Two Steps Forward, One Step Back PDF  | Print |  Email
Carter Baker Commission
By Warren Stewart, Director of Legislative Issues and Policy   
September 19, 2005
Don't Let Congress Use the Carter-Baker Report to Make Vote Verification Meaningless

The Report of the Commission on Federal Election Reform, published this morning and available for download here, is a significant tome at over 100 pages, and its 87 recommendations cover a wide range of issues of concern to election activists. The section dealing with voting technology is of particular interest to those concerned about the accuracy and security of elections in that it calls for a voter verifiable paper trail on all voting machines.

The Commission’s report very correctly recognizes the need to ensure voter confidence in the election process through a verification process. However, the report specifically recommends that the status of the voter verified record should be left to the states. This is unacceptable. It is fundamental to the integrity of the democratic process that it is the voters and not the machines that ultimately confirm the accuracy of their votes.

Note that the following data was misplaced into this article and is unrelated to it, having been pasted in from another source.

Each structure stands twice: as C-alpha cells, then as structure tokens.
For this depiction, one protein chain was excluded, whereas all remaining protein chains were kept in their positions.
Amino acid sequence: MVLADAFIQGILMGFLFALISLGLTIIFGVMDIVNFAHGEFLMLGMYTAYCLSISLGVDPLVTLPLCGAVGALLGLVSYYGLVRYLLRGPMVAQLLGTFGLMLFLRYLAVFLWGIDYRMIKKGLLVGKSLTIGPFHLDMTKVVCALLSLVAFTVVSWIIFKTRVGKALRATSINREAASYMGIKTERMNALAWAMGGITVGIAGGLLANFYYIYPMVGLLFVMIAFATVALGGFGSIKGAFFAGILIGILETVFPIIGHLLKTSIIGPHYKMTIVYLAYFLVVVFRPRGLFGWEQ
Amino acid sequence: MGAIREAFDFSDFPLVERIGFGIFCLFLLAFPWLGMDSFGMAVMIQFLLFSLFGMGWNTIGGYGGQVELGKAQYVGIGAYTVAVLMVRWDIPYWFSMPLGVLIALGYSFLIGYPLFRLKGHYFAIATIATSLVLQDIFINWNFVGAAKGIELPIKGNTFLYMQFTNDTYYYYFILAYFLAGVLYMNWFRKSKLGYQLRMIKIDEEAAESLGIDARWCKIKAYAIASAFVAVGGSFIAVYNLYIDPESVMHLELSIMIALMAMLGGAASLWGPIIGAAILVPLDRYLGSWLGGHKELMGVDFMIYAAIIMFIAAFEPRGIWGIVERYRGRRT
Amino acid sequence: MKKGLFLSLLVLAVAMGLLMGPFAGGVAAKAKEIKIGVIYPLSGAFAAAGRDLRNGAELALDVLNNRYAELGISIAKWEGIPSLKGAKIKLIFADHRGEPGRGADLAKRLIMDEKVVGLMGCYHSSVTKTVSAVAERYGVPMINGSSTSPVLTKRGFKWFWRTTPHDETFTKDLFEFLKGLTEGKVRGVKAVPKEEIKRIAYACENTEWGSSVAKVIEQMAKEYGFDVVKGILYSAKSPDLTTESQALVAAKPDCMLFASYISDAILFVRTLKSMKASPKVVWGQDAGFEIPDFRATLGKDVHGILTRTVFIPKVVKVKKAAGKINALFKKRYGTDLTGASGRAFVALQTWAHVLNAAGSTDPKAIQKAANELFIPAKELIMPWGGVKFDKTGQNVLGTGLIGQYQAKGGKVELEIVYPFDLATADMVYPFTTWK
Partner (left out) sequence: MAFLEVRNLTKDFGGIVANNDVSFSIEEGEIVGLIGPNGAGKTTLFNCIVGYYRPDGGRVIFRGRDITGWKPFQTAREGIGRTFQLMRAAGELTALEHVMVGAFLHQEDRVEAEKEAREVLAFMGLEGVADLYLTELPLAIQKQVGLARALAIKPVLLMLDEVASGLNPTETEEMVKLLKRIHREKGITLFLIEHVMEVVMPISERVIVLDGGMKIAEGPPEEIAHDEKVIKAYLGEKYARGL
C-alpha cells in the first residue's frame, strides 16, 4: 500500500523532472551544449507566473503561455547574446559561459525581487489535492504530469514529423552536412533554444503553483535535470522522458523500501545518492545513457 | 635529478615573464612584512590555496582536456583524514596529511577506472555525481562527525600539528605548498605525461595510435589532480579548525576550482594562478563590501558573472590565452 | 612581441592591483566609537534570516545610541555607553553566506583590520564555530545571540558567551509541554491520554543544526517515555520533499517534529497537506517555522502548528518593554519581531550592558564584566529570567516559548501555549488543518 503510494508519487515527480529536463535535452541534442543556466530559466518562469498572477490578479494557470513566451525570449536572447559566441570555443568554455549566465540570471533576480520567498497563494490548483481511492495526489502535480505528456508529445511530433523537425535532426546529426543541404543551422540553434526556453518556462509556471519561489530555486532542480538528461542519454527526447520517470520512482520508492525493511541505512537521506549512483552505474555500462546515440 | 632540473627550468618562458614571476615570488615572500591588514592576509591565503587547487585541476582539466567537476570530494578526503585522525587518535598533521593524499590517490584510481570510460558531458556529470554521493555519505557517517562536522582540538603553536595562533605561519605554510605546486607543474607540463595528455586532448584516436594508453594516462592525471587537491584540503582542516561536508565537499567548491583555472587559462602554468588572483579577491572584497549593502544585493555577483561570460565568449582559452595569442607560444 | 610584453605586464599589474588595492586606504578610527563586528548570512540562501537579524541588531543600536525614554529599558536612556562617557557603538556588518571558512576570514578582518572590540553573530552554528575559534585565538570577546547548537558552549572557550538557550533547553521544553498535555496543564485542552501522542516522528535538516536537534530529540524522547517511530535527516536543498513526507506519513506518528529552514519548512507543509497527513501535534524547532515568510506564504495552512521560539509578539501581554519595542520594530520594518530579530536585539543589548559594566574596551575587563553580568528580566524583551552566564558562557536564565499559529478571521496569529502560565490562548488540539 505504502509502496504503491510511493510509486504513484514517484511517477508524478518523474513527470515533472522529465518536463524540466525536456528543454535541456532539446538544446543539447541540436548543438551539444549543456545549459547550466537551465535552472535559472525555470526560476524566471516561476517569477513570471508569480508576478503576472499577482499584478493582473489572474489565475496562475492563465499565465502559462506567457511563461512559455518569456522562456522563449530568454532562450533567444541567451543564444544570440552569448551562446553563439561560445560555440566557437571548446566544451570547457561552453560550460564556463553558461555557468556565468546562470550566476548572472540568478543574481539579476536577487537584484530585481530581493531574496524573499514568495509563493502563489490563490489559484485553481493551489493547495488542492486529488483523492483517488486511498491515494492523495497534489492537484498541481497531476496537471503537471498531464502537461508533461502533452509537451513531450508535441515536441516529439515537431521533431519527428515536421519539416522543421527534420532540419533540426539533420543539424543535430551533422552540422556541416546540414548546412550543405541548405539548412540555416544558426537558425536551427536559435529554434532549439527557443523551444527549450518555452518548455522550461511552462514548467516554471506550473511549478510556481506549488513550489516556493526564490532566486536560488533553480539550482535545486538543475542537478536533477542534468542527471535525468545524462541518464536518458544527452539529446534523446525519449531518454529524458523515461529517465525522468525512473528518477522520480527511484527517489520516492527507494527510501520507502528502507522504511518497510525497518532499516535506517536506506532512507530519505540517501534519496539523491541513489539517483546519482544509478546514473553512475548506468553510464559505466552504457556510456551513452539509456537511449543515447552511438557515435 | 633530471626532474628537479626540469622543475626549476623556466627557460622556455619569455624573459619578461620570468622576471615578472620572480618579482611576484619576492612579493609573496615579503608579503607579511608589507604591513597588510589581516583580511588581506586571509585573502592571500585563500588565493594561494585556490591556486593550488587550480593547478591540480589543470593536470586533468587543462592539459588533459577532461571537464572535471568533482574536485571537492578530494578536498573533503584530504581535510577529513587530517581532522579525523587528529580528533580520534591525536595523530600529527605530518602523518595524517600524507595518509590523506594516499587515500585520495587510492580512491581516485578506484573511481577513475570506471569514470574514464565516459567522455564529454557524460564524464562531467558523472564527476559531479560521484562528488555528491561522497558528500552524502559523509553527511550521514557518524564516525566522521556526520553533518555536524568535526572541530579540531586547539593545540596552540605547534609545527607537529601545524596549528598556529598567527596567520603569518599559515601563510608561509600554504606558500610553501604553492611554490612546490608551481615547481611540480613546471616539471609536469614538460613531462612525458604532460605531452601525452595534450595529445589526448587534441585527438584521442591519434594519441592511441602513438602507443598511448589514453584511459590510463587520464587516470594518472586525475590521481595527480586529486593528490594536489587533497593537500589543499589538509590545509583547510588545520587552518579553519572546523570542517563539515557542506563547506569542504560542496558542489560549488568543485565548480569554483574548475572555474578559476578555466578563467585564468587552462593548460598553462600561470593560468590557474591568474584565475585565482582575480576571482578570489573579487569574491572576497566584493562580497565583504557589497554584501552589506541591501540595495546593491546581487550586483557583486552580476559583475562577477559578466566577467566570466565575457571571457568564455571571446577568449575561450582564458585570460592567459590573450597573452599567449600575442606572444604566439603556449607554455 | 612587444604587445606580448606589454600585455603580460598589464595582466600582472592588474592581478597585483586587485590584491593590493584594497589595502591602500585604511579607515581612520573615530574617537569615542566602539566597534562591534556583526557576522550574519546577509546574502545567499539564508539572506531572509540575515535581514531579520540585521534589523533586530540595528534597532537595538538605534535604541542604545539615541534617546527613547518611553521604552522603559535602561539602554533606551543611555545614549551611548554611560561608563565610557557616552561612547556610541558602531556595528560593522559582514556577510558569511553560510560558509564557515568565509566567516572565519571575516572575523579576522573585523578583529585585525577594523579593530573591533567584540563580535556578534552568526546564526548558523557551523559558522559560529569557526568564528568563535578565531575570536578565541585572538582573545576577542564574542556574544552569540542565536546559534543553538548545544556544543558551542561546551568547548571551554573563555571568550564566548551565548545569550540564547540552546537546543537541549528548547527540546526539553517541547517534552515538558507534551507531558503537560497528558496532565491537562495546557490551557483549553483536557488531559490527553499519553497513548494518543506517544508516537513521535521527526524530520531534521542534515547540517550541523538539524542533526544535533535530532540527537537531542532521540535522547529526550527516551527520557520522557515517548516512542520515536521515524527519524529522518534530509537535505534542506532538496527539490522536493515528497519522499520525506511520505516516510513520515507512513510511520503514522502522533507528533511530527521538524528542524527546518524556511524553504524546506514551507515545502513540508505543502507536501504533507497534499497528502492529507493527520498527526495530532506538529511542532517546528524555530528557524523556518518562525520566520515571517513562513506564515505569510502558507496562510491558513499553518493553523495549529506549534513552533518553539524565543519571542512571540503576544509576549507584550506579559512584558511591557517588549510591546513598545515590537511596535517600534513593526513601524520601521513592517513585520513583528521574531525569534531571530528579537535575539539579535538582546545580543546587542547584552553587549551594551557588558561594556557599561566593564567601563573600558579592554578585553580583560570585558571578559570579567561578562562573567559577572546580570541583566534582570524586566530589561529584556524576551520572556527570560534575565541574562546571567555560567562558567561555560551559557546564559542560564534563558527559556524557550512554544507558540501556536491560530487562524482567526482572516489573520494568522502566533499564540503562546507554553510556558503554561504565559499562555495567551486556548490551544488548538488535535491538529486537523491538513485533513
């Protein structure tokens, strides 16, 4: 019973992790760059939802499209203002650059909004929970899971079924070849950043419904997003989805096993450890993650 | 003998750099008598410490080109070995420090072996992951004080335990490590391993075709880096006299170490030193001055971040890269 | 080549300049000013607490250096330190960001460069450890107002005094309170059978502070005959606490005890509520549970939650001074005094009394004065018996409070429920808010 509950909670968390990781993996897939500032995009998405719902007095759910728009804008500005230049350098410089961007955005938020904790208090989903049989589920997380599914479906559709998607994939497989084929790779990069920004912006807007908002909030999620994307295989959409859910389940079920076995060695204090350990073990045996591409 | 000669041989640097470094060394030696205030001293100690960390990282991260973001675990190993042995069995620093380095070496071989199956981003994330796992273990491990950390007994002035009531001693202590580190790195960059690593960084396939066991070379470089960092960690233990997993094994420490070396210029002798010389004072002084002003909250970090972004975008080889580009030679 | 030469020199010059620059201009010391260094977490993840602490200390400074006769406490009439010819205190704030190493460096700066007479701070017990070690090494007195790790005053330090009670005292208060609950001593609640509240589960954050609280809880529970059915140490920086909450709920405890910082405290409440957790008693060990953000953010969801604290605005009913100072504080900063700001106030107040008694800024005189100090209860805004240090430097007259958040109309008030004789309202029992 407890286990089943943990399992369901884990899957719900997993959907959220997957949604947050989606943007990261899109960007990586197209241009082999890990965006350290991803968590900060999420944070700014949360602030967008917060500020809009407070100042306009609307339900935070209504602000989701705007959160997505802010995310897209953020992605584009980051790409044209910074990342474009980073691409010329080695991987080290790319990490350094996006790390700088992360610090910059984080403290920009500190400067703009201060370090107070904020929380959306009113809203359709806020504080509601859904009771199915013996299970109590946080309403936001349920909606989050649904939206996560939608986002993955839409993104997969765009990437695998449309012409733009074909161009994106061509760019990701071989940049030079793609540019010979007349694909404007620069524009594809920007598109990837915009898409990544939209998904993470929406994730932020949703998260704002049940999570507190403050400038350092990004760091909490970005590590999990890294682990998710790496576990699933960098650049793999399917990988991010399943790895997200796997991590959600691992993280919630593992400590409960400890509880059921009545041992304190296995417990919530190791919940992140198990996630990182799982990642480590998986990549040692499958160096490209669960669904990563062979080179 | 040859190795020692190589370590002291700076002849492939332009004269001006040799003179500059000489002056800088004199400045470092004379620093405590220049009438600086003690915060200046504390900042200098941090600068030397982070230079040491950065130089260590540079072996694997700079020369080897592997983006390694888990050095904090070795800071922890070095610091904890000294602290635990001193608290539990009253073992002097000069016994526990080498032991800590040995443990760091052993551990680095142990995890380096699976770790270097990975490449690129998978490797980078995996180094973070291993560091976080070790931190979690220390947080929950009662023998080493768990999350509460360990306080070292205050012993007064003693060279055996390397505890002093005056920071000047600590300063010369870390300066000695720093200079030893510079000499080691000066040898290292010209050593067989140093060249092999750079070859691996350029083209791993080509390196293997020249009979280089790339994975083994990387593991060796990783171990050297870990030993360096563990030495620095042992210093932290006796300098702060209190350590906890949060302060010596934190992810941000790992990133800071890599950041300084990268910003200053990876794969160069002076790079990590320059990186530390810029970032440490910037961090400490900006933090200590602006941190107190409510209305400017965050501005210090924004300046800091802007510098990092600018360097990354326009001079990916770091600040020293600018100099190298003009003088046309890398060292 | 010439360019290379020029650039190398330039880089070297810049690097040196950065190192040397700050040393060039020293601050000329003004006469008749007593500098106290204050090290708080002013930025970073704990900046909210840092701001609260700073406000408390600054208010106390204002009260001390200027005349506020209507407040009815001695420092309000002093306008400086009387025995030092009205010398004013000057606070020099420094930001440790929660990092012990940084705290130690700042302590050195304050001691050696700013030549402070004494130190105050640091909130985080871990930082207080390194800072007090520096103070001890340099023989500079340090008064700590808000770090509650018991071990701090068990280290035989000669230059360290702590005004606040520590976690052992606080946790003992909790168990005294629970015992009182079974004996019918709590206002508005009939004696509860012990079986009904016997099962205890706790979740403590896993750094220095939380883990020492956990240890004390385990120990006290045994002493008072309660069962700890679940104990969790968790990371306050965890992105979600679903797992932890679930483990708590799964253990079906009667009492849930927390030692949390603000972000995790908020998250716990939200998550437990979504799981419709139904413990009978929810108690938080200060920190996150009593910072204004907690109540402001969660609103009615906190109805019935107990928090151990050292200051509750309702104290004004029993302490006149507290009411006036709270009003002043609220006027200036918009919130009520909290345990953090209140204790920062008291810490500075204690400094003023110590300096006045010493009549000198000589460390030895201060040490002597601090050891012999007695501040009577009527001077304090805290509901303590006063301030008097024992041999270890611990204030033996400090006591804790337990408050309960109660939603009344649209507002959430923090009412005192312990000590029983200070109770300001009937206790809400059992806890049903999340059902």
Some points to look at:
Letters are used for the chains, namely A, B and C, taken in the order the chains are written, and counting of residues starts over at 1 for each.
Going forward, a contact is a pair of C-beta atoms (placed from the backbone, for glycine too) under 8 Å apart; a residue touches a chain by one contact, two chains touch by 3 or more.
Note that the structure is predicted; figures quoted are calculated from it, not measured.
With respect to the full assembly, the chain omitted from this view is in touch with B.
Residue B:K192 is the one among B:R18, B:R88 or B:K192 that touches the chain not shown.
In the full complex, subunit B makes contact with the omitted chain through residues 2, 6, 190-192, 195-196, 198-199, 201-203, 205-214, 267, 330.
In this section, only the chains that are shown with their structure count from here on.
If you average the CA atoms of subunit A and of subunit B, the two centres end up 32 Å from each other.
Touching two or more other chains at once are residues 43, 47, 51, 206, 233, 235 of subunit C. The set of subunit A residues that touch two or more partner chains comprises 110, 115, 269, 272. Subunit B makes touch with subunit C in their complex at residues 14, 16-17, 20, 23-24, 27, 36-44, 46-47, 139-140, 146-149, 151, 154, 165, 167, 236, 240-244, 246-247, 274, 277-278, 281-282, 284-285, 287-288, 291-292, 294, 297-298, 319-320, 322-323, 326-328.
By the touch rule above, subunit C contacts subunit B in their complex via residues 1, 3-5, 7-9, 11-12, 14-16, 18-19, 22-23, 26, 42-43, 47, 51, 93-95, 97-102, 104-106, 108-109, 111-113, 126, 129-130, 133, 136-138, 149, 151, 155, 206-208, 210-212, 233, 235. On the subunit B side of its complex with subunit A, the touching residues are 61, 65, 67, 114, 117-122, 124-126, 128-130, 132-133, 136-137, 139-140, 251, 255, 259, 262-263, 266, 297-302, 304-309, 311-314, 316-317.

The record verified by the voter is the only physical record that voter has confirmed and should be recognized as such. It should not be offered to voters as a placebo to ensure their confidence if it does not actually provide reason for that confidence. It is crucial for a transparent election process is a record of each vote that has been verified by the voters themselves. It must be human readable, it must be genuinely permanent and preserved in the manner that all election materials are preserved, and it must be used to confirm the accuracy of machine counts, whether those counts come from DREs or optical scanners. When inconsistencies between hand counts of paper records and machine-tabulated records are uncovered in an audit or recount, the totals of the voter verified records must be considered the true and correct record of the voter’s vote.

Rep. Holt's Response to Carter-Baker Report PDF  | Print |  Email
Carter Baker Commission
By Warren Stewart, Director of Legislayive Issues and Policy, VoteTrustUSA   
September 19, 2005
link to press release

Carter-Baker Commission Calls Holt Proposal Essential For Fair, Verifiable Elections

Washington DC. - Rep. Rush Holt (D-NJ) today praised the recommendation of the Commission on Electoral Reform-also known as the Carter-Baker Commission-to endorse the concept of voter-verified paper audit records for electronic voting machines.